As “wonderful” as Clifton Park is, it is not my real home (and hardly my favorite place in the world). I haven’t traveled outside of the country yet, nor discovered any exotic, enchanting places. Thus my true home, and favorite place in the world, is one that everyone has heard of.
I resided in what is an Italian-turned-Chinese Immigrant neighborhood. The streets aren’t immaculate, the air is a little foggy, and the buildings are time-worn, but this far-from-perfect city is still my home-away-from-home.
For a time, my parents and I lived on the second floor of my grandparent’s flat in San Francisco. But even when we purchased our own home, we continued to visit them on a regular basis.
I remember finding their flat enigmatic and haunting, because everything in it (including the building itself) dated back to some by-gone era. The sparkling, crystal doorknobs from the 1930s, and the characteristic shag carpeting and textured wallpaper from the 1960s, always caught my eye. Often I would explore the bedrooms and see how many antiquated treasures I could uncover. My biggest discoveries were 70-year-old yearbooks belonging to my grandmother and great aunt, a collection of Life magazines from the 60s and 70s, and photo albums containing childhood pictures from the ‘teens and ‘twenties.
Along with the structural aspects of the flat, I also made joyful memories there. During my youngest years, I used to play with dolls, make pretend fashion magazines, piece together puzzles, and tell my grandparents everything I was learning in school. As I became older, and lessened the toy and arts and crafts obsessions, I would ask my grandfather to recount WWII stories, and watch the soap opera “Days of Our Lives” with my grandmother while she cooked dinners that filled the air with smells of herbs and spices. My dad and grandfather used to play old, crackling records for me, which I would sing along to. Just for the experience, I used to occasionally watch television on my grandparent’s tube TV, which had only a handful of channels, a fuzzy screen, and difficult-to-maneuver knobs.
Spending time in the backyard was also something I’ll never forget. Green apples from the neighbor’s yard fell over the white picket fence and landed beside the lone rickety bench I would sit on. Bumble bees were constantly swarming, the scent of rosemary filled the air, and the sun seemed to beat down brightly and warmly all year-round.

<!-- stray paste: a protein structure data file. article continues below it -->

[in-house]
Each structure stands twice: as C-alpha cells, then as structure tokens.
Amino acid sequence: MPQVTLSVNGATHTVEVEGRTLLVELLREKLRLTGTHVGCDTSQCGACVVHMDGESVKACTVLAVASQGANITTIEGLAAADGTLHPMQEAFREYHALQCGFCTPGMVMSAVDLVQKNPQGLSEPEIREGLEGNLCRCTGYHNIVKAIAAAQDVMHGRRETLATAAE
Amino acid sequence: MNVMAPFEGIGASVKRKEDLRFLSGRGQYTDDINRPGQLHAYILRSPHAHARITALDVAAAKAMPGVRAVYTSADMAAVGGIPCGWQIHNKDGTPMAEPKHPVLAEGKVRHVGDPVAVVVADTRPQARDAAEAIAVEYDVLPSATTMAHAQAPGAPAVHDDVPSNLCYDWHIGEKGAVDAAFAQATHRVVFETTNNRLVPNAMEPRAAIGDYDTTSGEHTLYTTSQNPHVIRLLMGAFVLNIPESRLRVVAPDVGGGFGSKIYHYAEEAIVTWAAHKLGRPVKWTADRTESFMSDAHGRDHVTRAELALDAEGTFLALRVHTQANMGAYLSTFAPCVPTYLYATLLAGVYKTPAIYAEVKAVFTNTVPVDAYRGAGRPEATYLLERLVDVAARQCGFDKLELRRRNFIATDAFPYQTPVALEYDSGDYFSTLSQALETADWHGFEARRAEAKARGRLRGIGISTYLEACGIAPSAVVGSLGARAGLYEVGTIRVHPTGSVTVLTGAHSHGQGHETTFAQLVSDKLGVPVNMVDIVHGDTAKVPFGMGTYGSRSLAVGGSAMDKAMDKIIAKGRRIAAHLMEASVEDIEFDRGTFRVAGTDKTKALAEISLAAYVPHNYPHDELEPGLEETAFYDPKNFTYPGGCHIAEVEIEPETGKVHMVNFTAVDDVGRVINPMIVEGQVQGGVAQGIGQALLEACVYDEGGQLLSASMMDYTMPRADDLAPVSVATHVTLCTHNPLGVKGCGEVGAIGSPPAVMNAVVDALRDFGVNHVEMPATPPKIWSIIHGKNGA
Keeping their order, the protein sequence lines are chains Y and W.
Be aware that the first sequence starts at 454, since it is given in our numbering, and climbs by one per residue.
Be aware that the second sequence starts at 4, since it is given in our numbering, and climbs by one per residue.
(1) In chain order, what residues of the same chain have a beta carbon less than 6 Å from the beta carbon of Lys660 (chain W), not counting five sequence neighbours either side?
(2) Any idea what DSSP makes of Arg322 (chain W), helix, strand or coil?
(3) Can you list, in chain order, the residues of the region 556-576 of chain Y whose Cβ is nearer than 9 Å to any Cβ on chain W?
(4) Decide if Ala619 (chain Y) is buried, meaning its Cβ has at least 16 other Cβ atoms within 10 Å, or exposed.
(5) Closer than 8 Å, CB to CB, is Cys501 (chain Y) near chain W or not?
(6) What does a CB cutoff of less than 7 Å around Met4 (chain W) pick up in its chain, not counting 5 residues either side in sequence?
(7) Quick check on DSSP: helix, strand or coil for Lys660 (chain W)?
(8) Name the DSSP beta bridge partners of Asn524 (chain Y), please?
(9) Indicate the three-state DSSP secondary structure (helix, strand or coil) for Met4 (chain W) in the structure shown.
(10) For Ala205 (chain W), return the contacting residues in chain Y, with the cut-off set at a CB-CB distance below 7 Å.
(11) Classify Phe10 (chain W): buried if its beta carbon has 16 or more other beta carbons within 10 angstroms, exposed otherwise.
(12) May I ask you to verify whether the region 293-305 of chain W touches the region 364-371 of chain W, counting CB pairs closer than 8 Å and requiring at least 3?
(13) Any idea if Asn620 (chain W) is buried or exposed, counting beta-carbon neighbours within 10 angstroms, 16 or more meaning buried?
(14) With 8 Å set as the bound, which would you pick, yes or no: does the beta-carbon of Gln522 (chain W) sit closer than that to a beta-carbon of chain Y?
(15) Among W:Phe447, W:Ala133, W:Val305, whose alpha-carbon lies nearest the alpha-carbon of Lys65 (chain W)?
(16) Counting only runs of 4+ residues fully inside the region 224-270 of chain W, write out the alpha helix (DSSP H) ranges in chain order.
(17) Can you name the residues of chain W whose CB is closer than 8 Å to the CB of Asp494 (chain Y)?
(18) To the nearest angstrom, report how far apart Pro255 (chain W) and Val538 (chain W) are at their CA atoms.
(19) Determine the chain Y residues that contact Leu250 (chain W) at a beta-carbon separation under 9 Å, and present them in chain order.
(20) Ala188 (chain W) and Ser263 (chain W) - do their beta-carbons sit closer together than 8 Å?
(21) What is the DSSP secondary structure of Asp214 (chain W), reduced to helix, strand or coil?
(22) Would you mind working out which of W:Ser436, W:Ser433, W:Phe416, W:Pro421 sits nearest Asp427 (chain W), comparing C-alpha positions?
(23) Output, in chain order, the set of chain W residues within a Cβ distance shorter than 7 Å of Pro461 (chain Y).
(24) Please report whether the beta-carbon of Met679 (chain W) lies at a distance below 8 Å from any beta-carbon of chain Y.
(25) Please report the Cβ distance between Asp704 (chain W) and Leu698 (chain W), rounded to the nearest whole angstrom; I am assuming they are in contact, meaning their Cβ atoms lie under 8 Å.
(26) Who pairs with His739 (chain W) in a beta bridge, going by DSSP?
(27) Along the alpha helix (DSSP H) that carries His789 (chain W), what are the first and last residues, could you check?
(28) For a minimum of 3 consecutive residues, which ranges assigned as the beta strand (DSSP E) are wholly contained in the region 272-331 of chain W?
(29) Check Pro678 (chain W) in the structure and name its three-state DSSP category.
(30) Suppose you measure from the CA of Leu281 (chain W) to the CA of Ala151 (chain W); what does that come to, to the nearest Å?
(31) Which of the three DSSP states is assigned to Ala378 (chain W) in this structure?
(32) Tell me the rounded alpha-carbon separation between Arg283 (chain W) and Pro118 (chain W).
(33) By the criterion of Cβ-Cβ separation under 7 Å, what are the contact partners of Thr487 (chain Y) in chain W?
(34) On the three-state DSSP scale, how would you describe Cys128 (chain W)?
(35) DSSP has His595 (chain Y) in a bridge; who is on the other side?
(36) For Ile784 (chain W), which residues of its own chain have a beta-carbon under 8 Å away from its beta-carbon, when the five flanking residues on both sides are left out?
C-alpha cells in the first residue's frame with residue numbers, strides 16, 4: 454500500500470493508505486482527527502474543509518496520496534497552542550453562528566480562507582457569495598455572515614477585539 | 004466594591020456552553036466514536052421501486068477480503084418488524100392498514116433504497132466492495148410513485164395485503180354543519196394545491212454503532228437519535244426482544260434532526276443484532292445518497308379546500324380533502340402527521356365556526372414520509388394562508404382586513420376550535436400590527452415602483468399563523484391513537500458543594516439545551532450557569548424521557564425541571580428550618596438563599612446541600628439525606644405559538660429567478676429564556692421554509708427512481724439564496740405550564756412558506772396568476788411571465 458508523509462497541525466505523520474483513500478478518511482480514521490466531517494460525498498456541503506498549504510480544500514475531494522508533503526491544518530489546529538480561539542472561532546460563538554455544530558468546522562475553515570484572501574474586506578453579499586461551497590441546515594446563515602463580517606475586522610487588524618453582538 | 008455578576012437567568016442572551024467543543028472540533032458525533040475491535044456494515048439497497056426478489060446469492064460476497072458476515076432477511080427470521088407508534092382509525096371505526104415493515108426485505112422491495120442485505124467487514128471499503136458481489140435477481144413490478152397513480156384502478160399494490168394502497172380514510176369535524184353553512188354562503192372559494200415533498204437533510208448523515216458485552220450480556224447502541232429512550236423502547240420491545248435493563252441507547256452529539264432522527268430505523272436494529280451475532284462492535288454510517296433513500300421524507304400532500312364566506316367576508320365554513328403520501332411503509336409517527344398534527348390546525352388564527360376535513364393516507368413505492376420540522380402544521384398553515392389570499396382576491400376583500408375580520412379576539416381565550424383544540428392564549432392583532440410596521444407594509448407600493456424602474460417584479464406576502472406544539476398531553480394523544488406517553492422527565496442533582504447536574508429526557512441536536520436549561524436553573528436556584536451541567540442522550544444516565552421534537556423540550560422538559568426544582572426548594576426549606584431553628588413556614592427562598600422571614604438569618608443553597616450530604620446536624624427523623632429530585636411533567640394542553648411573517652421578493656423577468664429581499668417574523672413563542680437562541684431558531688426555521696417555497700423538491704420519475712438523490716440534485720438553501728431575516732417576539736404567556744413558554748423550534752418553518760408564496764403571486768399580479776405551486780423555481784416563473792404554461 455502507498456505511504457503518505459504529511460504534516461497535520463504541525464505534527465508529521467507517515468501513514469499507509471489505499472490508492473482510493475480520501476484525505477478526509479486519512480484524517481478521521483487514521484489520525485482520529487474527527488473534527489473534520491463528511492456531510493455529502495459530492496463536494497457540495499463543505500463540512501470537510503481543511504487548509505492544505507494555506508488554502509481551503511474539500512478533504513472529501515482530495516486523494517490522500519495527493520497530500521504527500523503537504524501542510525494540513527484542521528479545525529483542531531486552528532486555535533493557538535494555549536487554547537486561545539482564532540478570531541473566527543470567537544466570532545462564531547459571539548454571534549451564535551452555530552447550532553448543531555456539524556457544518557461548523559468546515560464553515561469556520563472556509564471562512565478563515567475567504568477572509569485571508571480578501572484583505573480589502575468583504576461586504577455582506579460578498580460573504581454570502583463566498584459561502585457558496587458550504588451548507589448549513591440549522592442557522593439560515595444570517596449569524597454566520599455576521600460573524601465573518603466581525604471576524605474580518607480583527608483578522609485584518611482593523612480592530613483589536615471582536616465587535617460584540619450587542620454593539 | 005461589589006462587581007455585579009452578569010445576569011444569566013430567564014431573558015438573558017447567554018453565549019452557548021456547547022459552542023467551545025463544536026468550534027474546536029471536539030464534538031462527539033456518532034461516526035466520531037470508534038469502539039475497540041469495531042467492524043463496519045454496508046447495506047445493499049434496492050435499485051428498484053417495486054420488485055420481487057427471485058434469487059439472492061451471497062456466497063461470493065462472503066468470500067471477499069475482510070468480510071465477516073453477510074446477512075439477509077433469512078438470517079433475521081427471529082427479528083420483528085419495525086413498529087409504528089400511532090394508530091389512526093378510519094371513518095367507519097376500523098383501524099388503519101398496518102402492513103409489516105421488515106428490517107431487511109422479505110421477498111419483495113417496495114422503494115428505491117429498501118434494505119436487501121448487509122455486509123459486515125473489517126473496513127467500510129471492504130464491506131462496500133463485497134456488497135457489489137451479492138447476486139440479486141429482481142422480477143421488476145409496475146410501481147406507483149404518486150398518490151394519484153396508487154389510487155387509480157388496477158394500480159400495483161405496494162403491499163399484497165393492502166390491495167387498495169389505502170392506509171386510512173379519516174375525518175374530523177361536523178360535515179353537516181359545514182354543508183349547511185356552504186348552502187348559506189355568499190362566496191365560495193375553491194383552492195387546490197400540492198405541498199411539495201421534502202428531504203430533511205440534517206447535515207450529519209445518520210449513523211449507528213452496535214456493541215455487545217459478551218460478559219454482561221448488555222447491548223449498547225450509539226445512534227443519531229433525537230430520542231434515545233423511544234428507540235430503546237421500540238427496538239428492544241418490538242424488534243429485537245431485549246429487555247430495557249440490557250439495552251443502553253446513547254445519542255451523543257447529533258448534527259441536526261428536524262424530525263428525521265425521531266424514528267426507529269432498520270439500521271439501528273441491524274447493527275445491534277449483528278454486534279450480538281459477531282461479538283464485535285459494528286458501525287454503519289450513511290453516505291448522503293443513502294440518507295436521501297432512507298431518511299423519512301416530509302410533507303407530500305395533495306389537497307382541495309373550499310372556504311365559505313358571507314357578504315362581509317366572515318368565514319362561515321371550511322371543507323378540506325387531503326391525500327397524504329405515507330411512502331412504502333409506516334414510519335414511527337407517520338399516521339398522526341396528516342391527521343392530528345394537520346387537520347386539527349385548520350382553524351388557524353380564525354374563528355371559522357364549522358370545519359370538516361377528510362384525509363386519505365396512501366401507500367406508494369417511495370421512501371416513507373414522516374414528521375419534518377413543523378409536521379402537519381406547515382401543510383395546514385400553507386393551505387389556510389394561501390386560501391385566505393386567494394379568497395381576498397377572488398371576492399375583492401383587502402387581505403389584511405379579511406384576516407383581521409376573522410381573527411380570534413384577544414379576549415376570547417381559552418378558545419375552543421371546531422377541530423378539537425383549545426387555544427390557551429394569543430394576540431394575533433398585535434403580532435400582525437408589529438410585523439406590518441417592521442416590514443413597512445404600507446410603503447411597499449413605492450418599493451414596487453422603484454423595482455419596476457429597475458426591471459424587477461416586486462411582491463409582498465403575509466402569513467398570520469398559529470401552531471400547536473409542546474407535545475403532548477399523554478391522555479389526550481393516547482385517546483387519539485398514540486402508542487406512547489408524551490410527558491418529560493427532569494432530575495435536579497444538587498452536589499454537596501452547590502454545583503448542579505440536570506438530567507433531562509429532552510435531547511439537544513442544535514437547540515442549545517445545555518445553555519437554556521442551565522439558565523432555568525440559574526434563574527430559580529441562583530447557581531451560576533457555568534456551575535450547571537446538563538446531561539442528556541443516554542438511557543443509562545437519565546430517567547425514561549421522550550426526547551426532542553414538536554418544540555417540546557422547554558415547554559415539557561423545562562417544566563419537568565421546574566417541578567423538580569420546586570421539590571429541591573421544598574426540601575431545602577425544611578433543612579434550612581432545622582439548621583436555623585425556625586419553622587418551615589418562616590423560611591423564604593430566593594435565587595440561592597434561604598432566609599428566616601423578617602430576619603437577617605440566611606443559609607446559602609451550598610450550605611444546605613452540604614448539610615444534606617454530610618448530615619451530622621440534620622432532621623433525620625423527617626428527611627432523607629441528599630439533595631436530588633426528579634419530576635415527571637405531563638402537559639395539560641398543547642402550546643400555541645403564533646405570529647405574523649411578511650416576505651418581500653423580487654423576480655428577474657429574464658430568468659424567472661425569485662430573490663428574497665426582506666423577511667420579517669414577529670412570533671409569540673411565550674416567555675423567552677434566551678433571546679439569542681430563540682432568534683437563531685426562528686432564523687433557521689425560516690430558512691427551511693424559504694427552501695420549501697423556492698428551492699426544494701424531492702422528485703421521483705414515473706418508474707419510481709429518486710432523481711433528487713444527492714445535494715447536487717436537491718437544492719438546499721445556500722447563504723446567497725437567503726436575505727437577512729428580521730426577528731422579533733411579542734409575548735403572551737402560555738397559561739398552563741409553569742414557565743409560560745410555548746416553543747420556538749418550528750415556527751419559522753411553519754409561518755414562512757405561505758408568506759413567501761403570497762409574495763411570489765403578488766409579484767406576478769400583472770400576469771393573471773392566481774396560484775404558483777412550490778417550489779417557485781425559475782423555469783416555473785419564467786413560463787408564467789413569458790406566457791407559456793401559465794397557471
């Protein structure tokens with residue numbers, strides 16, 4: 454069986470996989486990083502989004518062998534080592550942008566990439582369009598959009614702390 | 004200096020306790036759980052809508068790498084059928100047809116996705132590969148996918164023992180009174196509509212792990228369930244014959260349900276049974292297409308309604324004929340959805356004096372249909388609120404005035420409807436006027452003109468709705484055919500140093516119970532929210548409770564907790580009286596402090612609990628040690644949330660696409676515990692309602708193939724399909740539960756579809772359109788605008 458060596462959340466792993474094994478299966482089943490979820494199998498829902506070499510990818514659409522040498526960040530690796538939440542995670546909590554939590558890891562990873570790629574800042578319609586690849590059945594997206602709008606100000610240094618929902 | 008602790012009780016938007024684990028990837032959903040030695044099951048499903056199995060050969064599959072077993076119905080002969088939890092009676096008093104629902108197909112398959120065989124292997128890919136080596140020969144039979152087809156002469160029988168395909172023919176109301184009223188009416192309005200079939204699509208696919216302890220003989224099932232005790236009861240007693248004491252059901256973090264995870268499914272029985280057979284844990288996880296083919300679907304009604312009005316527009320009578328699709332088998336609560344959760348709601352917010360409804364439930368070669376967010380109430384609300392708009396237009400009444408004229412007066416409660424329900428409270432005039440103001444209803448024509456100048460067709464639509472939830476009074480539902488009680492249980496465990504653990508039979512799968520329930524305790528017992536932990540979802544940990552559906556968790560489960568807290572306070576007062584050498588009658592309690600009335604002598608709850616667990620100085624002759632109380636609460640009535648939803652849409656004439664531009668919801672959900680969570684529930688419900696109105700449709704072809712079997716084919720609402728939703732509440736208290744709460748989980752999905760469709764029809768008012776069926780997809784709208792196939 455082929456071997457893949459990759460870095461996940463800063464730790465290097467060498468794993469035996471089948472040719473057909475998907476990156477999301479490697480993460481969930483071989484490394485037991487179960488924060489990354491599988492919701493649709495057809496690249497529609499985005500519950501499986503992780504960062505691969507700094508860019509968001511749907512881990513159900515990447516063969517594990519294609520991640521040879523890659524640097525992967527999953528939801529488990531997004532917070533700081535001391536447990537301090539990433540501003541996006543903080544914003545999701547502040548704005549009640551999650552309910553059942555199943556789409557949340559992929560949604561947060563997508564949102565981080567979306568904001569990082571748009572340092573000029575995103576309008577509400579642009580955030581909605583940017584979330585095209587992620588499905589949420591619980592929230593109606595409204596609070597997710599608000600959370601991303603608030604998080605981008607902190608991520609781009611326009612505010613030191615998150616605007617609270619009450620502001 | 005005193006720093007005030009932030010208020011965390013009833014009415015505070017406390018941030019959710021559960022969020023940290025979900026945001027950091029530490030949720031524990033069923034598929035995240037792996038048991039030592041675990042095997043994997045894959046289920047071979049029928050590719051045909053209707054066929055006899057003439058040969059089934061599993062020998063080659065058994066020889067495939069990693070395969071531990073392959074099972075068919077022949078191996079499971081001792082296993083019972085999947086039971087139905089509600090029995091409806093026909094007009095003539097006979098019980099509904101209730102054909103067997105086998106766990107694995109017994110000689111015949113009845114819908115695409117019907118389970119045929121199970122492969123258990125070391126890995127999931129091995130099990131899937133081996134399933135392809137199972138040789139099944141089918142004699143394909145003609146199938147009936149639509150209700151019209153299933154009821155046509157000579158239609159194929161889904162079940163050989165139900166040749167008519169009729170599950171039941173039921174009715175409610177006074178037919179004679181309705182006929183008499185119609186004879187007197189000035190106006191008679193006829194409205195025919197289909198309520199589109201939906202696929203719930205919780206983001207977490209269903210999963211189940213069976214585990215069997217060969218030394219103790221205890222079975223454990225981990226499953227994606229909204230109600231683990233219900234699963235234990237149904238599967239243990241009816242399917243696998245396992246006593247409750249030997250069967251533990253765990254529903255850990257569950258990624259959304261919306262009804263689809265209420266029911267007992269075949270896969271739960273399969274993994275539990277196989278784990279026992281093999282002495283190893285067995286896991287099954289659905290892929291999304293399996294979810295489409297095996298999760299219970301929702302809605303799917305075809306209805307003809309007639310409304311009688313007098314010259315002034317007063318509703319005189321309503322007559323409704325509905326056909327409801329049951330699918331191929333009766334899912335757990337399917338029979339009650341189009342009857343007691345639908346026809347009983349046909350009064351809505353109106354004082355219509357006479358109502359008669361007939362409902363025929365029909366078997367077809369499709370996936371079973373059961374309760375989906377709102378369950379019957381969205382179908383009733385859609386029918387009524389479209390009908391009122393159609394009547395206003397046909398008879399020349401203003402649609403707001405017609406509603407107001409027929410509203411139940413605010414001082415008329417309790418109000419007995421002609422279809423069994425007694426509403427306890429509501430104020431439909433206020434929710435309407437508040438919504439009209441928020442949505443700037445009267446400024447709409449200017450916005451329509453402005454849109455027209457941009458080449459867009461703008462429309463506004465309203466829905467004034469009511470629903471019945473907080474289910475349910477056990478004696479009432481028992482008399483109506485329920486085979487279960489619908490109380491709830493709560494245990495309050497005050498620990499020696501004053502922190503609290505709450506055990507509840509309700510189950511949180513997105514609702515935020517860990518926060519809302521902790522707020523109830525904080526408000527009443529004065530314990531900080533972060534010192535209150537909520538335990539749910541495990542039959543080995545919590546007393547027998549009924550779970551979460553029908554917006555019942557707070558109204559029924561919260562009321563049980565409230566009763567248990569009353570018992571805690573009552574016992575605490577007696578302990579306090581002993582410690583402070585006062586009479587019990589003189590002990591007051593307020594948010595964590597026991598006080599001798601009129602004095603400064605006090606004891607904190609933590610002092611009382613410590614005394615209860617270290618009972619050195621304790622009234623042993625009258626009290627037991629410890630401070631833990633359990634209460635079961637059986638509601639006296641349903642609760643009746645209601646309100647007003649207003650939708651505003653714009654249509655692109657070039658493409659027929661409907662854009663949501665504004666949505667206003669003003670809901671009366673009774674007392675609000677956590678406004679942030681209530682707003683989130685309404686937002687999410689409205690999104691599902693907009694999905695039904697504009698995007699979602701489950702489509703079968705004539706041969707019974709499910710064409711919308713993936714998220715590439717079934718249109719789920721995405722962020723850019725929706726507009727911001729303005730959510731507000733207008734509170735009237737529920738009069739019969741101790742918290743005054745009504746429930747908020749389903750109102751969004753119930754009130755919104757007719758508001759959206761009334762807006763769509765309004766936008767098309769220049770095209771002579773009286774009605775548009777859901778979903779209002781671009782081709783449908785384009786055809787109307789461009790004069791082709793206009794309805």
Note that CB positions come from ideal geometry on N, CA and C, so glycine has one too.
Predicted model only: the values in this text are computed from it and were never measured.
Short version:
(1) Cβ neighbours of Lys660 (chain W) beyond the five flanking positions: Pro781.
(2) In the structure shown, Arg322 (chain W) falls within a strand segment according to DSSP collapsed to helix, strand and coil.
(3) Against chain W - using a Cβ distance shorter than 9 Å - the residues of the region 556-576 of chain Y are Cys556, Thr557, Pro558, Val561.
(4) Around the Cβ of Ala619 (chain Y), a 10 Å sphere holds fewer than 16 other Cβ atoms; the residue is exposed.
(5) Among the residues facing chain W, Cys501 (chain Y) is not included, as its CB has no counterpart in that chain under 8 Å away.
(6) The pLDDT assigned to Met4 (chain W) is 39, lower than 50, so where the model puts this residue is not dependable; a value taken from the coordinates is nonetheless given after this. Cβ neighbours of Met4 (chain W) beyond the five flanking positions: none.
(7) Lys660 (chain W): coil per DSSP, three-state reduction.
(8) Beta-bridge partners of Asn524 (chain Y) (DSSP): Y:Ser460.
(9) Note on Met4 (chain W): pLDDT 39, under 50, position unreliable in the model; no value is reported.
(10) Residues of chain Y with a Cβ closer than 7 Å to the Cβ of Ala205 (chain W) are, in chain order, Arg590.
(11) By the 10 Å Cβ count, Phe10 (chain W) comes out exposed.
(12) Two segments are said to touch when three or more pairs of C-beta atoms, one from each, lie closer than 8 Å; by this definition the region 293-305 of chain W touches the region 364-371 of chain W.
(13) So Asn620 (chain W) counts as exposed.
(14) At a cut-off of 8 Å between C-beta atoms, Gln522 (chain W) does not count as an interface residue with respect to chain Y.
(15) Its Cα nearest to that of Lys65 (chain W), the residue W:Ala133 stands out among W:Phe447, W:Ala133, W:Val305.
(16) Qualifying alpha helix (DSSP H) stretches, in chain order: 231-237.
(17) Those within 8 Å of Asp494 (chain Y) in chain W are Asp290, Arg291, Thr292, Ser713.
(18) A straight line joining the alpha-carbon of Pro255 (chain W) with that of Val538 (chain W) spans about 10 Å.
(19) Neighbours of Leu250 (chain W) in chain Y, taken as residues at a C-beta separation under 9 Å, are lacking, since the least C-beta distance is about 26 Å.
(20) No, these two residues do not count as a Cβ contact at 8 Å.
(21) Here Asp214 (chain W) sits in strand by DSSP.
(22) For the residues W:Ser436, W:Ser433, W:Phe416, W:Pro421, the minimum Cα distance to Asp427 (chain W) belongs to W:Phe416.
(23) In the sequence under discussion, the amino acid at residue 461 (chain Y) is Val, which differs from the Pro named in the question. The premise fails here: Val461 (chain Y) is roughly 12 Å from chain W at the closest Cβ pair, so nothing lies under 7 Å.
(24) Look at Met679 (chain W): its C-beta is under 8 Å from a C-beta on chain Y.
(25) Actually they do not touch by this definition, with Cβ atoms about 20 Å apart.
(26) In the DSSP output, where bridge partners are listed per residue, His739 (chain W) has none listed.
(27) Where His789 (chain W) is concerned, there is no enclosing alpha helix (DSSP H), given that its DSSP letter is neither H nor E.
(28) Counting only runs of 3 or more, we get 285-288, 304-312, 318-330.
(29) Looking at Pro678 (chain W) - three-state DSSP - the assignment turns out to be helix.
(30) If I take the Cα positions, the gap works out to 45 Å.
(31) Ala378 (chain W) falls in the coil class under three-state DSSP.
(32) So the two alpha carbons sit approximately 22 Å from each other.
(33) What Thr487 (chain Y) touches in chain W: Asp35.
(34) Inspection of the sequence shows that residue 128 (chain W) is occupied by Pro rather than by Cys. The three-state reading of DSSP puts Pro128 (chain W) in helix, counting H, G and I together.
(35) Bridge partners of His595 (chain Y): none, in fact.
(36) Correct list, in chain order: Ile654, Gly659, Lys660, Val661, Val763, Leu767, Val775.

The Holiday season was always an extravaganza at the flat. On Christmas Eve, I would wait by the staircase leading to the front door, and excitedly anticipate greeting guests as they made their entrance. My relatives and I traditionally exchanged presents at midnight beside the tree with the oversized bulbs, and ate home-made Italian dishes at the large oak table in the dining room. The adults always spoke of remembrances and years past, which at the time, I would ignore, and have my own special side-conversations with my grandmother.
One of the last times I was ever in my grandparent’s flat, I inscribed my name and the month, day, and year at that time in permanent marker on a stud in the basement, directly next to my dad’s signature from January 31, 1968.
Aside from my grandparent’s home, I miss the bustling, siren-wailing streets of San Francisco as well. My grandmother used to walk me to toy stores in unimaginable weather. The wind would gust so hard in my face, that I had to close my eyes and breath out of my mouth, which resulted in my inhaling the stench of the fish markets that lined the sidewalks. She would clasp my hand as we treaded along roads that shot straight down (riding in cars down these streets gave me a pit in my stomach, as they felt like roller coaster rides). Nevertheless, we were so happy to be spending time together, that the impediments were inconsequential. When we would finally make it back home, it was as though an adventure had just transpired.
My dad used to guide me through neighborhood, pointing out various sites, such as the high school that my grandparents attended. The spiky black fence that surrounded its perimeter always brought me a sense of doom. Other times, he would take my mom, grandmother, and me (my grandfather had passed on by then) out on trips to restaurants and other places, such as the zoo (where a seagull came down and swept a sandwich right out of my hand… I cried my eyes out), the circus, the vintage arcade that was featured in “The Princess Diaries,” and the beach, which was so chilly that we had to wear jackets.
Though my grandparents have both passed on, and I haven’t stepped foot in their flat (it has since changed hands), or in San Francisco for that matter, in almost seven years, everything about them and this city remains close to my heart. I plan on returning someday, and making new memories.